Despite his vintage, he has retained a level of physical condition that most contemporary world champions can still only aspire to. His longevity has been achieved because he is one of the sport’s great defensive wizards; slipping, blocking, ducking, without taking flight, then responding with his calling card sneak yet spiteful right hand counter.
Yet his genius is essentially cognitive. Above all, he is a master strategist, who has long forgotten more than most will ever learn. A compulsive trash talker, he has black belts in frustrating opponents and disrupting their rhythm, conquering minds before torturing bodies.
Yet, in Dawson, an 11-4 betting favourite, he is confronted with a very serious threat to his championship status. One of seven kids born to an ex pro in South Carolina but now resident in Hamden, Connecticut, ‘Bad Chad’ is a 6ft 1in southpaw who has been mastered just once in 34 pro gigs (two no contests).
A former US junior champion and world junior bronze medallist throughout a 67-13 amateur innings, the New Englander shall be engaging in his 10th world championship with either the WBC or IBF belts at stake. His solitary reverse came to the previously mentioned Pascal – who bagged an 11 round technical decision in August 2010 when, following a subdued start, Dawson was closing fast only to be hauled out on a cut.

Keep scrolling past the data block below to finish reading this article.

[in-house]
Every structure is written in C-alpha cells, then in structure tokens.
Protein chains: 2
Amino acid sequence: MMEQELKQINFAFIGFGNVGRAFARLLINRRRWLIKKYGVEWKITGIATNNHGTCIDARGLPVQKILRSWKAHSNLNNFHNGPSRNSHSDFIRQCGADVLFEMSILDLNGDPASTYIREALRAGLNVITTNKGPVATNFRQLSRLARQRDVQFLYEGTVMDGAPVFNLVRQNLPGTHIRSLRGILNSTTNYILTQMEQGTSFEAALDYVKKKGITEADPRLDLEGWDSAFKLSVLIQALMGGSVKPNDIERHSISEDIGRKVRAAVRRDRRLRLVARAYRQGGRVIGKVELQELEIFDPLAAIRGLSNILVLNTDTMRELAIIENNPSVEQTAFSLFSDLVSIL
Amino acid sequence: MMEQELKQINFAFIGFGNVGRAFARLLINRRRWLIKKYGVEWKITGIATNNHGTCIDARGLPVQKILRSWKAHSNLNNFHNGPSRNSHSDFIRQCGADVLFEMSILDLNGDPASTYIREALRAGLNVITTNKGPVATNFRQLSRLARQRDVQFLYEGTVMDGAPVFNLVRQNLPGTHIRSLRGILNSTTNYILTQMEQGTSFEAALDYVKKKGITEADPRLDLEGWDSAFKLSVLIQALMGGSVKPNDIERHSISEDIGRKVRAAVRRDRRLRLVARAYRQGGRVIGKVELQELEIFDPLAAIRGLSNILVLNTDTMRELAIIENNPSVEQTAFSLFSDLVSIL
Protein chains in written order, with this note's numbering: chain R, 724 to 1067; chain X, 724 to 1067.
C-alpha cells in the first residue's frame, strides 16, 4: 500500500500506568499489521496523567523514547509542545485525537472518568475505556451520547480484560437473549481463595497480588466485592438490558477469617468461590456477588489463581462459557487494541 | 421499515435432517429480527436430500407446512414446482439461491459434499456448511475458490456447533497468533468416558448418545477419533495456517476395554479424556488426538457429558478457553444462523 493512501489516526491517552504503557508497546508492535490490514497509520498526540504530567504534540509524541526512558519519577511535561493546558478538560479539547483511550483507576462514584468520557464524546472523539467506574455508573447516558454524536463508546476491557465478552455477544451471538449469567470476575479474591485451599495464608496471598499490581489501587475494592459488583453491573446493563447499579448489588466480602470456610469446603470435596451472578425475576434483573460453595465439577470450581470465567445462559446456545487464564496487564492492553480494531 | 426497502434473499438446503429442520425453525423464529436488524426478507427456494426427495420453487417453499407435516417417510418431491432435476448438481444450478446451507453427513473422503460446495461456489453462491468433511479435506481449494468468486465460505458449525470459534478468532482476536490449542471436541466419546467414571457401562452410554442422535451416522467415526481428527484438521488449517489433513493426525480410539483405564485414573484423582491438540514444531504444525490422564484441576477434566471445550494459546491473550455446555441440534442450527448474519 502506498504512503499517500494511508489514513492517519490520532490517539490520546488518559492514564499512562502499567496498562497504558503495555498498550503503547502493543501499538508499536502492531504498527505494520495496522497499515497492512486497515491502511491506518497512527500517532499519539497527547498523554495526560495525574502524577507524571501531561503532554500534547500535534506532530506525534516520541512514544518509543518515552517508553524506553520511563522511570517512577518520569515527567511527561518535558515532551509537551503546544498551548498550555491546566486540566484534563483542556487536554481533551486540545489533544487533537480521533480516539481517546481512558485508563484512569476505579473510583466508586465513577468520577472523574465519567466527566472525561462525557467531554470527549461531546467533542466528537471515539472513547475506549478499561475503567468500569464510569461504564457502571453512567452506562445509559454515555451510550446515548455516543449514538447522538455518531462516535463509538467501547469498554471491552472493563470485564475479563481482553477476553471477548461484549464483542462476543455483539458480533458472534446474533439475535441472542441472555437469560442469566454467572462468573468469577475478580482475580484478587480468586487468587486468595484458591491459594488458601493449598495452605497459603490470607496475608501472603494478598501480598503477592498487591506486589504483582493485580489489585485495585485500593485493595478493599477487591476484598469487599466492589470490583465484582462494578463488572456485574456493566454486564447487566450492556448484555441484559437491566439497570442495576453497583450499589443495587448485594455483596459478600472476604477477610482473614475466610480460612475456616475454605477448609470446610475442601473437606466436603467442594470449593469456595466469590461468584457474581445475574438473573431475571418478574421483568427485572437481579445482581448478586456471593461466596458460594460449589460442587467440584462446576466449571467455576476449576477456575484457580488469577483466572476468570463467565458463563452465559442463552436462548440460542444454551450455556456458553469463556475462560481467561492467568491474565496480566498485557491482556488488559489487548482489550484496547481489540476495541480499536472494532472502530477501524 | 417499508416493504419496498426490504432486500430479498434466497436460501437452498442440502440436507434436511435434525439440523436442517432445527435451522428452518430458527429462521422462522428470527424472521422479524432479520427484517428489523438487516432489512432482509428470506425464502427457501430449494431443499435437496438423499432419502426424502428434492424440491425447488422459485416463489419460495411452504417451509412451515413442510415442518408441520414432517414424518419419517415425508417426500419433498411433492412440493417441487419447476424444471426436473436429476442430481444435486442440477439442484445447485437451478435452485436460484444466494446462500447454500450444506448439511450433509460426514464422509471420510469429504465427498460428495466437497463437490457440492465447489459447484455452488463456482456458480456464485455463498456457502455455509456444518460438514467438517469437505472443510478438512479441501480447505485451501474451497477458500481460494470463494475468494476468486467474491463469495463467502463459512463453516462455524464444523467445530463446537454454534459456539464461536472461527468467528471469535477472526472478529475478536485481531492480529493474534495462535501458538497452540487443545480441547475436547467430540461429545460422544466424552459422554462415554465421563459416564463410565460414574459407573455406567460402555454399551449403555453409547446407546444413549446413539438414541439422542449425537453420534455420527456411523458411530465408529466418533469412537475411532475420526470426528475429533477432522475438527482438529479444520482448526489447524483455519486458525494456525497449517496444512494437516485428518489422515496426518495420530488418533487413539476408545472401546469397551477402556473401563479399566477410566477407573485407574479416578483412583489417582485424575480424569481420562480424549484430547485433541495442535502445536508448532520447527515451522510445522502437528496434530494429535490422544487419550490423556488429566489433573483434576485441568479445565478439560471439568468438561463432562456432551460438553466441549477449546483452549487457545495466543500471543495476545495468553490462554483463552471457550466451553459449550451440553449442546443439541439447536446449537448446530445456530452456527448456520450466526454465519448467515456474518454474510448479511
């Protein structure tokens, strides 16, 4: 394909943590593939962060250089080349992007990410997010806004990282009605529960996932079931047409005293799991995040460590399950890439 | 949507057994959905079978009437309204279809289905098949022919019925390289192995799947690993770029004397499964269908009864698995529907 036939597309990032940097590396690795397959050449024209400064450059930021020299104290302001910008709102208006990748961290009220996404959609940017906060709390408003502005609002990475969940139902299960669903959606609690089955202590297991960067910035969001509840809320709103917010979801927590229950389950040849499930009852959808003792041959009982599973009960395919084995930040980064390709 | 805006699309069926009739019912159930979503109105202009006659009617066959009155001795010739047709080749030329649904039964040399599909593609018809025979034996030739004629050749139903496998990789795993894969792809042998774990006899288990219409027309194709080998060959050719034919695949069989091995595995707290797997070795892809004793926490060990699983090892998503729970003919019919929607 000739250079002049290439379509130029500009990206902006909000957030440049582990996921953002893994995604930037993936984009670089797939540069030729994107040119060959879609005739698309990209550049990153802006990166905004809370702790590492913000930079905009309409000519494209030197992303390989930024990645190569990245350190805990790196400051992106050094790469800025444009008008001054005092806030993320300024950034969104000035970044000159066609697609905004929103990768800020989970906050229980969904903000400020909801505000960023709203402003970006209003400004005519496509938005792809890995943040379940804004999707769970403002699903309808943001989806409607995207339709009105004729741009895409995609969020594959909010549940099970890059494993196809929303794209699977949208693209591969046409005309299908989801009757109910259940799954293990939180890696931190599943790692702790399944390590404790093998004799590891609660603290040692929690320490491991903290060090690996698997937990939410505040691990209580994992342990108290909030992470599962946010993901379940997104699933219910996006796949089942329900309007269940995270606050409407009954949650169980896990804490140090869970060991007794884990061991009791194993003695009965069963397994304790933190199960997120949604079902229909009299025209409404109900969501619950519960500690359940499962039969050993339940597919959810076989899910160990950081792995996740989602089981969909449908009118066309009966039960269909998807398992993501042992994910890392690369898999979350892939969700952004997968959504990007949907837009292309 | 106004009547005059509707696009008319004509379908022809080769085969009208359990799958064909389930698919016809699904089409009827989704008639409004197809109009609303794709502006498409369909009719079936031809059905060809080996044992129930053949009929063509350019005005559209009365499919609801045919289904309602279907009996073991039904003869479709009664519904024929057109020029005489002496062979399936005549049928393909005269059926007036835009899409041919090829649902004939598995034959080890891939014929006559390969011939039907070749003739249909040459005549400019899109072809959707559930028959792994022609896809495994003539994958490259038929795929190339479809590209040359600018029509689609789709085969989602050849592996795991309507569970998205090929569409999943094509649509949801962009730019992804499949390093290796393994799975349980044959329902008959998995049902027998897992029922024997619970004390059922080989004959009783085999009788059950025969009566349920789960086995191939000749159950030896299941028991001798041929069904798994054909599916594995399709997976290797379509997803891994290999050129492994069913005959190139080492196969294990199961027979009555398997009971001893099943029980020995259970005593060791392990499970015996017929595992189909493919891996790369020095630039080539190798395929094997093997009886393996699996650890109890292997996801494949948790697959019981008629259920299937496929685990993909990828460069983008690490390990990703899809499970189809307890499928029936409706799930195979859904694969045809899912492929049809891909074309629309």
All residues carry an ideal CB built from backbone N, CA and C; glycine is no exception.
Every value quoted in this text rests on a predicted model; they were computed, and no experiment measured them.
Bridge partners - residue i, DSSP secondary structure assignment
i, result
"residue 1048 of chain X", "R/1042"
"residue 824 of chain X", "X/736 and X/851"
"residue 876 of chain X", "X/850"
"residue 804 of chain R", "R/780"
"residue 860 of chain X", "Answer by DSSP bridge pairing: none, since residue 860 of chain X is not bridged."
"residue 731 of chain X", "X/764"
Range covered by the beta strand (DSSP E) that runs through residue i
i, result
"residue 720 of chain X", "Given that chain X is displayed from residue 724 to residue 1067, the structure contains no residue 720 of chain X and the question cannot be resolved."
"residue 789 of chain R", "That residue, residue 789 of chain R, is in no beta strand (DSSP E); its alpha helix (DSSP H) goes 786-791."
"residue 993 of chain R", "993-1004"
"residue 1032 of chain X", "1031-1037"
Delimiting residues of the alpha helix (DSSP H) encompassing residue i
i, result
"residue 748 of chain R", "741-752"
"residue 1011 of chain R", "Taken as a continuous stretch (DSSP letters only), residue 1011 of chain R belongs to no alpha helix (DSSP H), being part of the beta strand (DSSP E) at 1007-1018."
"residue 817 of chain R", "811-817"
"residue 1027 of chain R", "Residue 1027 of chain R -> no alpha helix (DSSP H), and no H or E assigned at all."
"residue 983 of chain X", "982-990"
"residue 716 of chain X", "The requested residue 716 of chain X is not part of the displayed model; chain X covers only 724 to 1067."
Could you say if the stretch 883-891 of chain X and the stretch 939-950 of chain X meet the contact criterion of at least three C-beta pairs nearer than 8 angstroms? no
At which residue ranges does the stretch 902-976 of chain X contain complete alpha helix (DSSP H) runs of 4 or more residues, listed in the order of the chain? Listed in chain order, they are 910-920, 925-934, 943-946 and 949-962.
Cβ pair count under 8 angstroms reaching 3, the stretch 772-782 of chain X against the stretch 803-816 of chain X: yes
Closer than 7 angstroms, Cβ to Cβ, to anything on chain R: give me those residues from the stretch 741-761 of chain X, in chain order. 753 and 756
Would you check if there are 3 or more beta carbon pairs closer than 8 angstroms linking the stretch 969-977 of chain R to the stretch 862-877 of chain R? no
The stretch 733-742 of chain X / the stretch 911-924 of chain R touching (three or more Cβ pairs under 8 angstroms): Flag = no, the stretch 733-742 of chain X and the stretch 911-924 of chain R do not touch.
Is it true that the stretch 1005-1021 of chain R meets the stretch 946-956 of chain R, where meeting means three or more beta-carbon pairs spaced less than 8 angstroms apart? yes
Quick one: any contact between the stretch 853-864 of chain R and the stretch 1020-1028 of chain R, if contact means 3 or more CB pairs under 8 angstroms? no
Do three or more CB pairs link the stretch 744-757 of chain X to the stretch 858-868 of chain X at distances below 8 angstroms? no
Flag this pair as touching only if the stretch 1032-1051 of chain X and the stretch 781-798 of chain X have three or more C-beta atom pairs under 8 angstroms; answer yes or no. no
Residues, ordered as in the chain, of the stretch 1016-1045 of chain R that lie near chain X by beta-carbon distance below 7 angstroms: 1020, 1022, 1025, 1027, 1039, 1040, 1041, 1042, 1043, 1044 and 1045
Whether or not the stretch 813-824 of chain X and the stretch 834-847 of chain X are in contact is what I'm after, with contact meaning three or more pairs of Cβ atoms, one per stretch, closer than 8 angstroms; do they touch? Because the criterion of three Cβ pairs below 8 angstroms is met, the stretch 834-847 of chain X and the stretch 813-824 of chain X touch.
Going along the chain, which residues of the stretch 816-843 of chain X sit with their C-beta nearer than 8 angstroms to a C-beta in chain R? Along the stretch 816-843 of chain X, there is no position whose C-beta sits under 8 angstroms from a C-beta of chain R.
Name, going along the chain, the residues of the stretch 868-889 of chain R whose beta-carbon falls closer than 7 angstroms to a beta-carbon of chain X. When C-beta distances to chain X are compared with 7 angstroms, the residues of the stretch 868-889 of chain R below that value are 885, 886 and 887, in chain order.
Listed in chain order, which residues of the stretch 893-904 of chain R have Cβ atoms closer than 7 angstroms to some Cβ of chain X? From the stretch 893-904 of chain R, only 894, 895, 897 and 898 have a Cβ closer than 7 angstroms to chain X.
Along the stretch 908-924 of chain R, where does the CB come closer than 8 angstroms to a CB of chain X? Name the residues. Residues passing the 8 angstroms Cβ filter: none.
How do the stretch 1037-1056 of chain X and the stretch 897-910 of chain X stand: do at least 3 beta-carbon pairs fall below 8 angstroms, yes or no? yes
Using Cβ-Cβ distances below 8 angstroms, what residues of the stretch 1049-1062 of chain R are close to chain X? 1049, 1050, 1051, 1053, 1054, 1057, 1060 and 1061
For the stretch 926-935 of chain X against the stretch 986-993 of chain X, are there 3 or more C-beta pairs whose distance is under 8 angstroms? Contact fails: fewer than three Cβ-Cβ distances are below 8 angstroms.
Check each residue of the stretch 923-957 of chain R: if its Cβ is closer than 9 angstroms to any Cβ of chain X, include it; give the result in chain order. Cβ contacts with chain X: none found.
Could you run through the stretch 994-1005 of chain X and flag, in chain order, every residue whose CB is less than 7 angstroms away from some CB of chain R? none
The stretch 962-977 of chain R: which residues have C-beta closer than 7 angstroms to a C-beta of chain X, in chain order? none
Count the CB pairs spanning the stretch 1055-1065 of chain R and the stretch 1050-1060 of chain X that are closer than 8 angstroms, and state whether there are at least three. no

Dawson’s scalp list includes such luminaries as Tomasz Adamek, Glencoffe Johnson (twice) and Antonio Tarver (twice). He was recently endorsed as ‘the best in boxing, pound for pound, bar myself’ by none less than Floyd Mayweather Jnr.
Despite flunking a post fight drugs test back in 2004 (marijuana), Dawson is essentially a quiet, clean living family man who’s talent far exceeds either his fan base or marketability. He is probably naturally stronger and quicker than the Philadelphian, is certainly capable of fighting at a faster clip and, unlike Hopkins, he punches in fluid combinations.
He is blessed with the speed, mobility and industry that have consistently caused ‘The Executioner’ fits in the past (reference Calzaghe, Taylor, Wright). And while Hopkins wrote the blueprint for pre-fight psychological warfare, there is a steely resolve about Dawson who refuses to succumb to the veteran’s often crass intimidation tactics.